When Hitchens penned lines like “[heaven is a] place of endless praise and adoration, limitless abnegation and abjection of the self; a celestial North Korea” or “Reagan is doing to the country what he can no longer do to his wife”, he managed to capture at once the communicative spirit that transcends hierarchies and fault-lines, through the distillation of vocabulary that is at once blunt yet sophisticated, coarse yet elegant, appealing to a commoner at a rundown pub as well as a connoisseur at an elaborate soiree.
But even more than the stylistic versatility of his prose it was the no-holds-barred courage Hitchens showed in not stooping to the forces of political correctness and public judgement that allowed him to fulfil his primary purpose, the purpose of telling the truth. Although this being Hitchens, there was always the unerring awareness that a truth badly expressed amounts to a lie.
An intellectual lightening rod
If Hitchens were alive today (which most certainly would have meant that he would have been active), what would he have made of the intellectual inertia that has crept into our public discourse?
Would he have become a victim of cancel culture, thanks to someone creating a Twitter thread of how his support for the Iraq War made him complicit in neo-imperialism, or would he have been castigated as a misogynist after viral Facebook posts quoted selectively from his once upon a time column titled ‘Why Women Aren’t Funny’?
How would Hitchens have reconciled social media’s proclivities for taking offence with his own proclivity for being unfailingly outrageous?
After lambasting a series of American presidents and British prime ministers and several other heads of state, how would Hitchens have critiqued Donald Trump, Boris Johsnon, or the coterie of populists entrenching their hegemony across the planet?
For those who had followed Hitchens closely, it would have come as no surprise if he were to pop up in Belarus in favour of an embattled citizenry, or land up in Venezuela to study the complicated contours of a crumbling nation, or more spectacularly still, sail off to India to march in lockstep with the protesting farmers, before heading off to file a signature 3,000-word piece for The Atlantic or Vanity Fair.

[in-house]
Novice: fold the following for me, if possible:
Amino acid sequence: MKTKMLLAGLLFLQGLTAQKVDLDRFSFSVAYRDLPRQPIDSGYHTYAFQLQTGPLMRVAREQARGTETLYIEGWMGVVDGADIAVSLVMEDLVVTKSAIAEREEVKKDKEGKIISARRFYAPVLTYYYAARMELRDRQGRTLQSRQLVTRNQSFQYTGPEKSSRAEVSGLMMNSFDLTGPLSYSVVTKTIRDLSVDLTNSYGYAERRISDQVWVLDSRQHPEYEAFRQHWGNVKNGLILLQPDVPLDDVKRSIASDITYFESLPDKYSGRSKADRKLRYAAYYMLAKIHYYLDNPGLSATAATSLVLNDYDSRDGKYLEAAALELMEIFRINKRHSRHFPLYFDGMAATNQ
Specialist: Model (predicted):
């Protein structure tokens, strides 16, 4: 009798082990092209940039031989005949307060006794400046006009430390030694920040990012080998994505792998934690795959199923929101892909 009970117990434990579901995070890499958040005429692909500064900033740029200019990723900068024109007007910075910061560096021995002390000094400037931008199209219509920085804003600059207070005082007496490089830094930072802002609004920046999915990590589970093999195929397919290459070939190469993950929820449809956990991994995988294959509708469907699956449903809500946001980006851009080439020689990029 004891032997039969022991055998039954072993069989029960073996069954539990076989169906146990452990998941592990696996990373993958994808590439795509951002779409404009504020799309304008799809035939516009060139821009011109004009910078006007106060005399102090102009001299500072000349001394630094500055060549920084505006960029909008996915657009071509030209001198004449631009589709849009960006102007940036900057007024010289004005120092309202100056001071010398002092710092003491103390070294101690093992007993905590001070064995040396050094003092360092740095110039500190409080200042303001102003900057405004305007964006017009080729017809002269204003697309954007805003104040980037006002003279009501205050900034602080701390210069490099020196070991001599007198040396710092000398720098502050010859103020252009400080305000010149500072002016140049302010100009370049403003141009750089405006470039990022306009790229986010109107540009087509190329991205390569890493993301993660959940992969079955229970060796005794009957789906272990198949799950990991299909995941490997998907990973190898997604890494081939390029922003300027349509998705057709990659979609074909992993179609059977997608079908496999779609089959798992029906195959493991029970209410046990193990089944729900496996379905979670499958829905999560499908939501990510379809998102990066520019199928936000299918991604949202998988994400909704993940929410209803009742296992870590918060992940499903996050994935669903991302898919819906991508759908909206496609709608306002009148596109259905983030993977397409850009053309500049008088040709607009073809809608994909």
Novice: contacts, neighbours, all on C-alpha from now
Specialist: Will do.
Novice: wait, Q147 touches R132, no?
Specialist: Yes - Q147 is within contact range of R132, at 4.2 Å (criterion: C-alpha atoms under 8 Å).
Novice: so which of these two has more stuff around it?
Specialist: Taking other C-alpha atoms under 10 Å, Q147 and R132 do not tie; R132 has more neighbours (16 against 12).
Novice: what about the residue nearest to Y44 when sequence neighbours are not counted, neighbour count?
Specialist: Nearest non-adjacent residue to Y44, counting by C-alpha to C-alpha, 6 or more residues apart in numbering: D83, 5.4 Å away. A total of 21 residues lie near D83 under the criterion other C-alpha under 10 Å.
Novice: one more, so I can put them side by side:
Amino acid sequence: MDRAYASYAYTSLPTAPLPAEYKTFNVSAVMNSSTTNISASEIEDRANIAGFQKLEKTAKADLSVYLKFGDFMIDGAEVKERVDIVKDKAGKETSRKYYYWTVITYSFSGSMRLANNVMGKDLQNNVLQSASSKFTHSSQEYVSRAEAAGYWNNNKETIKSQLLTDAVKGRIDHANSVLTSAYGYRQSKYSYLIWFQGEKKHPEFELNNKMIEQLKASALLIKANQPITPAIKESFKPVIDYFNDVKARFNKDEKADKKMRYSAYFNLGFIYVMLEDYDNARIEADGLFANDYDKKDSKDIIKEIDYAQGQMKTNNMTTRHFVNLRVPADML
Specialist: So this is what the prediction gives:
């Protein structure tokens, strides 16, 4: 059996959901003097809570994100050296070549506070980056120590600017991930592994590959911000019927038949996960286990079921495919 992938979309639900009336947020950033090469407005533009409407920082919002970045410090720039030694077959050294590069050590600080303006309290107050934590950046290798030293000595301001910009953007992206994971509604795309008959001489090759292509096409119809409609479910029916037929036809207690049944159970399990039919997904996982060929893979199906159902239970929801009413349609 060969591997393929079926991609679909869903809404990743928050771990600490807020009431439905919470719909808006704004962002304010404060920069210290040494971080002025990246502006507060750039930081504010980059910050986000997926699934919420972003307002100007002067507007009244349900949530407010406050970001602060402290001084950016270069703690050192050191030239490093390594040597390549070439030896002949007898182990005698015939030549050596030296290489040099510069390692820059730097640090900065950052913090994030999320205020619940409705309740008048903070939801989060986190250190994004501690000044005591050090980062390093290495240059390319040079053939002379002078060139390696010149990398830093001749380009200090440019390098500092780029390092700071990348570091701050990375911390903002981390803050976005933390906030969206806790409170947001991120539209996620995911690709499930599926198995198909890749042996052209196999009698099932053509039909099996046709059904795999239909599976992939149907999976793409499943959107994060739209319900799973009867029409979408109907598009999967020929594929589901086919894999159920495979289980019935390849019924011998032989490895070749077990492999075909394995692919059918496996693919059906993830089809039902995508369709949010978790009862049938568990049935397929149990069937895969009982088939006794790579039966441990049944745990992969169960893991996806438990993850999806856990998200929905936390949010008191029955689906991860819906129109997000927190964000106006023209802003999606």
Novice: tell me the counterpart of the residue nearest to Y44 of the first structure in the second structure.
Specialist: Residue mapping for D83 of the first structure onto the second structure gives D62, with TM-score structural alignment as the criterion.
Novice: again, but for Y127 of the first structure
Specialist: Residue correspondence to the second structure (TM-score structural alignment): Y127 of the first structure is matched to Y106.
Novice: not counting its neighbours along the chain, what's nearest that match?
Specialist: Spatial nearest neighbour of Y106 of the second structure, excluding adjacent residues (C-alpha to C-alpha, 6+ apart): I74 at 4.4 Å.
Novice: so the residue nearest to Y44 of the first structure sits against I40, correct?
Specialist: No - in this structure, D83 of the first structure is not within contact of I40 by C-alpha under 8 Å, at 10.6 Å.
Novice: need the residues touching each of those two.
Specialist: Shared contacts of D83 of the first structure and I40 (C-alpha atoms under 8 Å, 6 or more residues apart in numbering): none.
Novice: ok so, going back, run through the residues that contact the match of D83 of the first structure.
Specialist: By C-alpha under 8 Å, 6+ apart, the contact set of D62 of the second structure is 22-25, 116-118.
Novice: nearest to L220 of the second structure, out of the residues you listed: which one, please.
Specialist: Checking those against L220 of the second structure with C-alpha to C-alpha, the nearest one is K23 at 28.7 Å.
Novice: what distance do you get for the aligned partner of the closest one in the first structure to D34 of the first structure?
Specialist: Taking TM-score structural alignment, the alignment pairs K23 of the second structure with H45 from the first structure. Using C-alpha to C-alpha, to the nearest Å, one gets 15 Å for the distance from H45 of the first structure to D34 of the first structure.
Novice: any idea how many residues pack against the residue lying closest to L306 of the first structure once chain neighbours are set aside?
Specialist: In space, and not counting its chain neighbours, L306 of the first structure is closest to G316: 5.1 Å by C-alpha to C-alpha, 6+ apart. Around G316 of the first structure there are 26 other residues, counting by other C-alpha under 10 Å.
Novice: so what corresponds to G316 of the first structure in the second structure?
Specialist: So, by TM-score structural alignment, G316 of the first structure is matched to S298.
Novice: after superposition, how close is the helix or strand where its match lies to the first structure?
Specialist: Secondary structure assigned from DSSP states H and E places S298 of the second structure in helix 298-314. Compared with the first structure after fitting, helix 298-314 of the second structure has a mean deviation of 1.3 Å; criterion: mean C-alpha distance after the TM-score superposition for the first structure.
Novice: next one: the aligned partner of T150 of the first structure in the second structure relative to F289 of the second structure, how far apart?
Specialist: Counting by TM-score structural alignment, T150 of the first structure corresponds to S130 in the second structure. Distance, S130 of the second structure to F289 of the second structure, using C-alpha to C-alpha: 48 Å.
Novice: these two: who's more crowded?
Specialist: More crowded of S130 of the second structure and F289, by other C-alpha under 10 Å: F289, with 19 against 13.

Hitchens would have been, as he was during his life, utterly ubiquitous. But more importantly, he would have been an intellectual lightning rod for his fellow journalists, writers and critics – from Turkey to Brazil to India – who are being persecuted in all sorts of ways, both big and small, legal and extralegal, and prevented from exercising their right to free speech and expression.
Hitchens would have given lie to the fast emerging myth that one must agree with their audience in order to be appreciated by them. He would have, with characteristic aplomb, been hailed and harangued by both the Left and the Right, even as he asserted his own need for ideological promiscuity in a rapidly transforming society. He would have reignited the art of arguing with integrity without compromising on intensity, of displaying the strength of ferocity without fulmination, of celebrating a temperament that responded to sardonic cries of “I’ll pray for you” (meant to mock his atheism) with the composed reply, “I’ll think for you”.
Today, if Hitchens were alive, he would have filled the vacuum that only he could have left. Sometimes brash, always brilliant, but never boring, Christopher Hitchens was an enigma our present has no parallel for. Even after nearly a decade of his passing, he remains as indispensable as he is irreplaceable.
Priyam Marik is a post-graduate student of journalism at the University of Sussex, United Kingdom.
Featured image credit: Reuters